• Don’t reuse passwords across accounts – After a breach or password dump, attackers quickly use the email or account name against various other sites hoping to expand their access to your data. Keep your account passwords unique to each account, as even sharing words between accounts makes it easier to crack.
  • Use a password manager – Managing unique and strong passwords for each account at work and at home can be a daunting task, but password managers make it manageable. It’s important to note that your master password should be robust and never enable the password manager to keep you logged in or remember your master password, as this would defeat the security benefits a password manager can provide.
  • Enable Two-Factor Authentication (2FA) – If your account supports 2FA, enable it. This makes it much more difficult for attackers to gain access to your account. Examples of 2FA are security tokens that generate a key and soft tokens from Google and other 2FA providers that you can install on your phone. A newer form of 2FA can now place a call to a phone registered with the account; this method provides a code you must enter to complete your login.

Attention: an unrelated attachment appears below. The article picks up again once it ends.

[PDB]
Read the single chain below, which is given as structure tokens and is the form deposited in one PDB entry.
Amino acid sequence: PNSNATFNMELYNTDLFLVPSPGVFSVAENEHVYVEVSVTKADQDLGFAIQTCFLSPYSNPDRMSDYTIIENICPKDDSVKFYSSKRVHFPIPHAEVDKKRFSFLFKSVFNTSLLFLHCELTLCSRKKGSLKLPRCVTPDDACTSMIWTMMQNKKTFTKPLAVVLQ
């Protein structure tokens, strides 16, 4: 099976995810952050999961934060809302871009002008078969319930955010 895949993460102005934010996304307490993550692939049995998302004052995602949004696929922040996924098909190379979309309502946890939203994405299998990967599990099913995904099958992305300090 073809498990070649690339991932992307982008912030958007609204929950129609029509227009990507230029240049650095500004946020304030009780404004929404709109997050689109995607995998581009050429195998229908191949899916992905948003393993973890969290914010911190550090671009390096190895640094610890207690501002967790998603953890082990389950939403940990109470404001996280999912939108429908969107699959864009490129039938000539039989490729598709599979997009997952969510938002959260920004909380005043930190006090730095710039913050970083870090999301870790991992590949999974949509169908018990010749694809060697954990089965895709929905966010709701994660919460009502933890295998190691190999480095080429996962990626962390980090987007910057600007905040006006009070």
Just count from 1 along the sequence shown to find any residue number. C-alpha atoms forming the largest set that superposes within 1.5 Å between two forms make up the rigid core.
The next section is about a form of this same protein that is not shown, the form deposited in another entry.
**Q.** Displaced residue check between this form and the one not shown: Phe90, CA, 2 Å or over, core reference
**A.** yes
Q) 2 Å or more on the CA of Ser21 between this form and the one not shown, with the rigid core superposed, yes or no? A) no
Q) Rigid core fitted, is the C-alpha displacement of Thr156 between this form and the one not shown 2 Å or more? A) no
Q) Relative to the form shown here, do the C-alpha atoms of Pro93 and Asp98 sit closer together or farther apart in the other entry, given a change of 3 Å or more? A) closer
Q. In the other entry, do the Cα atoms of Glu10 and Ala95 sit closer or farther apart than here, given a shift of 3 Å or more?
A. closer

• Block brute force attackers – Don’t allow threat actors the chance to try every possible password combination on your account. Establishing a login attempt threshold will block the IP of the attacker, limiting their chances of success. There are many solutions that monitor and proactively block multiple failed logins from the same IP, such as:
    • Linux: Denyhost, fail2ban
    • OSX: fail2ban
    • WordPress Plugins: Wordfence, Sucuri

Malicious IPs Targeting WordPress

Every day brings new threat actors to our environment and we remain steadfast in our dedication to protecting our customers and community. We’ve seen these IPs involved in various malicious activity, and have taken steps to block them from our environment. We highly recommend blocking these IPs until they can be remediated. It’s prudent to heavily scrutinize any communications from your network to these IPs, especially C2 nodes.